How Philadelphia Eagles' Jalen Hurts, Nick Sirianni have bonded over family, razzing and air guitar

The excitement is building inside Eagles coach Nick Sirianni's household for Week (0:28)

The excitement is building inside Eagles coach Nick Sirianni's household for Week 1, especially for his oldest son, who is always in his Jalen Hurts jersey. Video by Tim McManus (0:28)

PHILADELPHIA -- The handshake was going to finish with Philadelphia Eagles coach Nick Sirianni playing air guitar. That much was certain.

It was early in training camp and there was a rare lull during practice, and Sirianni and quarterback Jalen Hurts used that time to work out a personalized handshake. They went through their sequence of coordinated slaps and backhands, slaps and backhands, and each time they got to the end, the ever-animated Sirianni started acting like he was Jack White in the middle of an epic solo. Hurts, the more laid-back of the two, wasn't going there. He just smiled and laughed.

It was a brief interaction and far from a big deal in the grand scheme of things, but it stood out given what was happening at the time. Sirianni had not publicly committed to Hurts as the Eagles' starter for 2021. The trade speculation surrounding the Eagles and Houston Texans quarterback Deshaun Watson was at its height. And it wasn't long after Sirianni gave an honest public assessment of Hurts' footwork, saying "the process [of addressing those fundamentals] is going well, but we are far from where we need to be."

It was a small sign the relationship wasn't being negatively impacted by its first stress test. But things are going to ratchet up in a big way starting Sunday when the Eagles open the regular season on the road against the Atlanta Falcons (1 p.m. ET, Fox).

The coach and quarterback relationship is as important as any on a football team. It is also extremely pressurized, especially in a city like Philadelphia where a loss is an affront to the fan base, making it only natural to put the primary suspects -- the coach and QB -- on trial.

Sirianni, a first-year head coach, and Hurts, who enters a season as QB1 for the first time, have been working to strengthen their bond to prepare for the rigors that lie ahead.

"It's important that we don't just have a football relationship," Sirianni said. "That's important for me with every player on our team, that I have more than a surface-level relationship with our players. There is more to it. That's connecting on different things."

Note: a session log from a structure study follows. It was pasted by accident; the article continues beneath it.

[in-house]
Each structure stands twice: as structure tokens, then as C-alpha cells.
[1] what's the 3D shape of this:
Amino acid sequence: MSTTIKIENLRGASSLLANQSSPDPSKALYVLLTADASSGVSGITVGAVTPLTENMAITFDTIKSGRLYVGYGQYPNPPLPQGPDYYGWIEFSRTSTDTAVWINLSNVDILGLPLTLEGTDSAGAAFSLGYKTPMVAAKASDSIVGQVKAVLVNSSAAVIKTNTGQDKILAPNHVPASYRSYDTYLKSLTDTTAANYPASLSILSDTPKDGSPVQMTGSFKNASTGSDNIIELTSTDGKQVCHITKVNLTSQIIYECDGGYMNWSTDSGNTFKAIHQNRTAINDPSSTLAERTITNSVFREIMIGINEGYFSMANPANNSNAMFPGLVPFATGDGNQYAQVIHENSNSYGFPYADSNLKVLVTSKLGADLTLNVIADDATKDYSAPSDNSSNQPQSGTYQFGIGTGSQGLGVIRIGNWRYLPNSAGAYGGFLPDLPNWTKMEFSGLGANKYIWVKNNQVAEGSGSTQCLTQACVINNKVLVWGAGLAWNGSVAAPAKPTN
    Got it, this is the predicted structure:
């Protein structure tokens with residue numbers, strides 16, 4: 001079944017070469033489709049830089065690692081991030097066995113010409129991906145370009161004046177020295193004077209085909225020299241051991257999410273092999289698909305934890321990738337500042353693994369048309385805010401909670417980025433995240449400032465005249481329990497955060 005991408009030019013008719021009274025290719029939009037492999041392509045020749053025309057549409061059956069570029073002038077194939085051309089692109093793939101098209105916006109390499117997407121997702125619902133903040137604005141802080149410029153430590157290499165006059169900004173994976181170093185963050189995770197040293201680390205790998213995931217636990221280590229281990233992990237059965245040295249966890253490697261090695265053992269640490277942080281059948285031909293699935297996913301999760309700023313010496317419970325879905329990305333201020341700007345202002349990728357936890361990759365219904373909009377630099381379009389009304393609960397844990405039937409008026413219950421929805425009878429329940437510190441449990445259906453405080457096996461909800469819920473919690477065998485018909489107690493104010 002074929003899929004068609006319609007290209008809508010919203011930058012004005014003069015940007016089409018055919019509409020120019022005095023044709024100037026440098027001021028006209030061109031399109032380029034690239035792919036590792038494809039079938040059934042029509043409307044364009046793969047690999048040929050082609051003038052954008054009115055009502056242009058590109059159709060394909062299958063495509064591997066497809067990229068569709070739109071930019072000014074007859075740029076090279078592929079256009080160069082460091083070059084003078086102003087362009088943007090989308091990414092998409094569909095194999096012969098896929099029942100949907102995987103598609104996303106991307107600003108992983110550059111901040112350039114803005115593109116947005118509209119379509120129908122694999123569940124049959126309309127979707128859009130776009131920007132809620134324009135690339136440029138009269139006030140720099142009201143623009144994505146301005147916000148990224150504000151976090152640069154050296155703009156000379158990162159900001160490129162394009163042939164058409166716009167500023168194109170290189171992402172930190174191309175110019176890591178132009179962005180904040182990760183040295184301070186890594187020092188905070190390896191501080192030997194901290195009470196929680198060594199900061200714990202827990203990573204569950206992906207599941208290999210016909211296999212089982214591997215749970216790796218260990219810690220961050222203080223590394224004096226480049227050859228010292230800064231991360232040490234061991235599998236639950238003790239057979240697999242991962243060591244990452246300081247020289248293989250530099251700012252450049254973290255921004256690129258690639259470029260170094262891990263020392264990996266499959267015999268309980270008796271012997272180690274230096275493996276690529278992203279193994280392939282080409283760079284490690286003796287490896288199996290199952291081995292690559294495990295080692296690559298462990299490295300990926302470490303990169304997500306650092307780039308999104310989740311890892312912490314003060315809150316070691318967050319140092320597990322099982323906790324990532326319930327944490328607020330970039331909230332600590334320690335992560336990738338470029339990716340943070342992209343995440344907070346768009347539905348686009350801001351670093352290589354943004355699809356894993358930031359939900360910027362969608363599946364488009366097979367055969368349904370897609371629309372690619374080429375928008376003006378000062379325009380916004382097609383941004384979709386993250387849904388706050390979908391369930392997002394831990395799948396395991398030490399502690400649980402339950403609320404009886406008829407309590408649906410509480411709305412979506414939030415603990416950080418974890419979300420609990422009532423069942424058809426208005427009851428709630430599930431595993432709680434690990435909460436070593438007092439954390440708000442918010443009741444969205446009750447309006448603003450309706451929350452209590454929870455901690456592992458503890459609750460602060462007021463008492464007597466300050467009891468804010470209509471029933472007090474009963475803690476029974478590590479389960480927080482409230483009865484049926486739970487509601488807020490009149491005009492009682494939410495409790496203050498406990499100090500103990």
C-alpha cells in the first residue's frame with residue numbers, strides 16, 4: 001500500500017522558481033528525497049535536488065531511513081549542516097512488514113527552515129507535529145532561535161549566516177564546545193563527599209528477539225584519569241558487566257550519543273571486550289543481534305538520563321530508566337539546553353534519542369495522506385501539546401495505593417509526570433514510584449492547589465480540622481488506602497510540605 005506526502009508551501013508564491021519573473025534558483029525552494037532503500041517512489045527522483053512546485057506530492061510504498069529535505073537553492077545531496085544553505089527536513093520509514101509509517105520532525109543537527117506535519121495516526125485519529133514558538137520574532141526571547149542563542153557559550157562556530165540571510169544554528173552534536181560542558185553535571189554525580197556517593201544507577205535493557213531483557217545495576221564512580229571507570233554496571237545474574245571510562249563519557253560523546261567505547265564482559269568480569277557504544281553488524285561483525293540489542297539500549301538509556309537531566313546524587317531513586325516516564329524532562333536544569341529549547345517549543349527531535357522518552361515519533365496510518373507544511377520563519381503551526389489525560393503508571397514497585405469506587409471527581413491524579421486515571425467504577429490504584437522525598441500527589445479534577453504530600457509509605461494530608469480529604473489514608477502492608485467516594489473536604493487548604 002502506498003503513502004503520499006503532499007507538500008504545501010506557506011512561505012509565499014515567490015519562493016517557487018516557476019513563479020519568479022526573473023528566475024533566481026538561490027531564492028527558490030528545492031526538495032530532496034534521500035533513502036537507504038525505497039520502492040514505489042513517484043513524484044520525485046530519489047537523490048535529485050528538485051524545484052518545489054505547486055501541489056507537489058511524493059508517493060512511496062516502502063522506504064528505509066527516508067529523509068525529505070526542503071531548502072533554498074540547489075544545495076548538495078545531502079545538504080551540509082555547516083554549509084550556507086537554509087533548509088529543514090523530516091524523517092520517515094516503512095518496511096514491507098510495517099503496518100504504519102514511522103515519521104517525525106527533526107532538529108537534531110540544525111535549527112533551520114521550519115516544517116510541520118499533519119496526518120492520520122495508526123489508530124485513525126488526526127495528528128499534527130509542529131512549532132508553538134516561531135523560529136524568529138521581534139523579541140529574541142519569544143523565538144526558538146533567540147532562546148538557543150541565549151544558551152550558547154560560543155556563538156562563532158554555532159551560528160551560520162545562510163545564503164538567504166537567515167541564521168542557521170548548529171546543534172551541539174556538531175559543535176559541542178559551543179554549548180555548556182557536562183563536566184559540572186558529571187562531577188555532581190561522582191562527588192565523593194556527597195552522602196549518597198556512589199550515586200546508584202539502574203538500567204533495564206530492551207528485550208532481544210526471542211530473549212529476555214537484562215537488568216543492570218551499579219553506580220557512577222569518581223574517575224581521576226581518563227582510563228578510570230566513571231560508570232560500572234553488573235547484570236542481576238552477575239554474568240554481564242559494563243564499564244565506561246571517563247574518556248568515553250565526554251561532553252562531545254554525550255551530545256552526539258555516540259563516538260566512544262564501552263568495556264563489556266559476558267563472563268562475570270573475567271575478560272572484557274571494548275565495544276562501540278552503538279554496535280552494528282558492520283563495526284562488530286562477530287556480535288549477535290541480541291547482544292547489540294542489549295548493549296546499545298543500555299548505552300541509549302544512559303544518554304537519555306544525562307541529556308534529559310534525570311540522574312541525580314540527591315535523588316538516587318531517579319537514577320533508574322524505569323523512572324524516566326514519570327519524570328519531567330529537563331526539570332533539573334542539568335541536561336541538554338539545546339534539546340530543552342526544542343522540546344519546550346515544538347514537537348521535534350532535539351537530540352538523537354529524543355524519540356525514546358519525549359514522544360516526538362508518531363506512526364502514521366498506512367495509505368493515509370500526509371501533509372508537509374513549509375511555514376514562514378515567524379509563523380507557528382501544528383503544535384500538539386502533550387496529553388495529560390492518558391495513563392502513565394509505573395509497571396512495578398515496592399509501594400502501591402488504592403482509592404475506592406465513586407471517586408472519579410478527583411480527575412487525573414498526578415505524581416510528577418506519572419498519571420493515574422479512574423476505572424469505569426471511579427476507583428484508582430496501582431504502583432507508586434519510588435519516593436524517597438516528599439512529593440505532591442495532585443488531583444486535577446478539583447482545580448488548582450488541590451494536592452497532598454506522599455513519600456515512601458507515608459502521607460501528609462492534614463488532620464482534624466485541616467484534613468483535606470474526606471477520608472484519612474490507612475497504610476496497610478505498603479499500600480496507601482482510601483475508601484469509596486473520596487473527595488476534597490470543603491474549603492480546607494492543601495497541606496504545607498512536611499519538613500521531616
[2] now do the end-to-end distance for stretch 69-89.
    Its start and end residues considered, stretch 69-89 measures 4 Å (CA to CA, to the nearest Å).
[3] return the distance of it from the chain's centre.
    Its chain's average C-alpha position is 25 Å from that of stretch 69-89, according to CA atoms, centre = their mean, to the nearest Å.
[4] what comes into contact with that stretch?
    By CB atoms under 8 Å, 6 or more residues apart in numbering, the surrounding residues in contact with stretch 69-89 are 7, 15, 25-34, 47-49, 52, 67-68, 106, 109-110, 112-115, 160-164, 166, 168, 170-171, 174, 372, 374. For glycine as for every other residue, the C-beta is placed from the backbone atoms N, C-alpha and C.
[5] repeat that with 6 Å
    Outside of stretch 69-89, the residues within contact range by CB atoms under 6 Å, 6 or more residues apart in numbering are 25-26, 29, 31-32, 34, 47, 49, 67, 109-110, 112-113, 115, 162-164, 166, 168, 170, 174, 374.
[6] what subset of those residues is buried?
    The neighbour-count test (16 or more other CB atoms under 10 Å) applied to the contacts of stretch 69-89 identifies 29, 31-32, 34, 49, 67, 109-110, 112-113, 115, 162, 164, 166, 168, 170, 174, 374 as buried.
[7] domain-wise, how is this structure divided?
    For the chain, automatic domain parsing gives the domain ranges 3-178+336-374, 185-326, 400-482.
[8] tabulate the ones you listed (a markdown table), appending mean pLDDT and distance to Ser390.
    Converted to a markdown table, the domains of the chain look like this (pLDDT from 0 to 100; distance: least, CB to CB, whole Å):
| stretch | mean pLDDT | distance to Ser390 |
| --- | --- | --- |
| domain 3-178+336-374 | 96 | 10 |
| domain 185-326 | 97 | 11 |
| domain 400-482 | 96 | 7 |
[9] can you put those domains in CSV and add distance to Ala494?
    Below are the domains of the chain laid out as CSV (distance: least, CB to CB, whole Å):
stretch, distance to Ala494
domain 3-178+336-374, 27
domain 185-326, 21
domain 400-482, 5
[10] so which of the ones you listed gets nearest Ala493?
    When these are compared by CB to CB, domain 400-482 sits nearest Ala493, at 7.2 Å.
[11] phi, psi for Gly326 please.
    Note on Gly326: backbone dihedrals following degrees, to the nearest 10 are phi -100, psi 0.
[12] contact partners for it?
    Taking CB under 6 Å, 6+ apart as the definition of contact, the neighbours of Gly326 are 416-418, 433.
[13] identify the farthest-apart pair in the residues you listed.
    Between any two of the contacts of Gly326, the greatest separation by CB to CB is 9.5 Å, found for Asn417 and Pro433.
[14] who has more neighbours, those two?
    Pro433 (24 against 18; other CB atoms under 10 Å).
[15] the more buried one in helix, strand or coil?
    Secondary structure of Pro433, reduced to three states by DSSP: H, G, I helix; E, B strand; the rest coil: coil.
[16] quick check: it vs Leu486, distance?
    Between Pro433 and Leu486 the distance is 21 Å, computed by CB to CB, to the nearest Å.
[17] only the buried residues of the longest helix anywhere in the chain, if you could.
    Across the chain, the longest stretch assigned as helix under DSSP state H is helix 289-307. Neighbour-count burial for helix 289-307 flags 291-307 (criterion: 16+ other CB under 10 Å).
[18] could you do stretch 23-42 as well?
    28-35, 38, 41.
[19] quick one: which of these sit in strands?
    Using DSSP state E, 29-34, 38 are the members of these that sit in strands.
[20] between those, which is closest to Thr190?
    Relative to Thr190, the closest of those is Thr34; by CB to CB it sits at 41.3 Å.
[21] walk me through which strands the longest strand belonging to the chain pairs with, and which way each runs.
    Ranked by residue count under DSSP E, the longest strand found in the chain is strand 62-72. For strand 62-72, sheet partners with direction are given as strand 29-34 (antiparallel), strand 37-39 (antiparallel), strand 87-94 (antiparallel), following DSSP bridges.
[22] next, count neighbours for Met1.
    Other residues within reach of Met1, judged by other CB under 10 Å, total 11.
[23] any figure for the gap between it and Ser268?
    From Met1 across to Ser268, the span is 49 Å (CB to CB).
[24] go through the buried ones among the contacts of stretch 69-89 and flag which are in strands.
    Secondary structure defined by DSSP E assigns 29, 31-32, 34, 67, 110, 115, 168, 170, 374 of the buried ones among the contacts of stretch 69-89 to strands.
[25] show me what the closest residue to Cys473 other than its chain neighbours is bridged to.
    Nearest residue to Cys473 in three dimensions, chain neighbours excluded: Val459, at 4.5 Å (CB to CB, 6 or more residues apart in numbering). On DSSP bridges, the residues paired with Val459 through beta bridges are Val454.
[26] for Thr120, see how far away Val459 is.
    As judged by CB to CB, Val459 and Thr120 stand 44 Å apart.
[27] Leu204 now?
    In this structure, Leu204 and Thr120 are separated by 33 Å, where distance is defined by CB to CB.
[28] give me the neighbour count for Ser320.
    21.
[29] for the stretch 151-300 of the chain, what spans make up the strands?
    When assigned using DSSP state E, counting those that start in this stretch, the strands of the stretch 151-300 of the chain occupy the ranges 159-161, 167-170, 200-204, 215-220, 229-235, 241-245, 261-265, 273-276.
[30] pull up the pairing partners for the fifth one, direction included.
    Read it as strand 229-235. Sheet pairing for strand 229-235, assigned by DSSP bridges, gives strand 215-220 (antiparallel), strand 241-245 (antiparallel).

College football is one way to do it. Sirianni said he texts Hurts after both of his college teams, Alabama and Oklahoma, finish their games. "He's got two teams I can razz him about," Sirianni joked, before quickly acknowledging there's little he can ding the powerhouse Crimson Tide on.

Sirianni and Hurts each come from a football family. Both have fathers and brothers who are coaches, which has become a source of common ground.

"We've built a great relationship in such a short time," Hurts said. "We're very similar in many ways. Very competitive. Have a sense of humor. Just cool people. He's a good guy."

Sirianni noted with a smile that the coach and quarterback "have no choice but to grow closer" given all the time they spend together. Sirianni is a hands-on coach, feeling the need to be in every offensive meeting in order to have a full and clear picture as the Eagles' playcaller. From watching film to game-planning, they're often attached at the hip.

Tailoring the offense has been a collaborative approach. Sirianni said he won't install a play Hurts isn't comfortable with, even if the rest of the coaching staff loves it.

What the offense will look like is a bit of a mystery. So is the future of the Eagles' coach/quarterback tandem. This isn't a situation in which Hurts, the team's second-round draft pick in 2020, is the no-doubt-about-it franchise quarterback. It is to be determined whether he and Sirianni will be together long term or if this is a temporary arrangement.

But the fates of coach and quarterback are often tied together, making it all the more important for both to have a strong connection. You can scroll through the NFL annals for proof of that, or just look at what happened last year in Philadelphia with coach Doug Pederson and QB Carson Wentz.

When things got messy last season, the parties began pulling in different directions and the operation fell apart.

Things will get messy again -- they always do in the NFL -- and that will be when we really learn about the strength of the bond between Sirianni and Hurts. But there has been an attempt to lay a foundation before that time comes, and there's something to be said for that.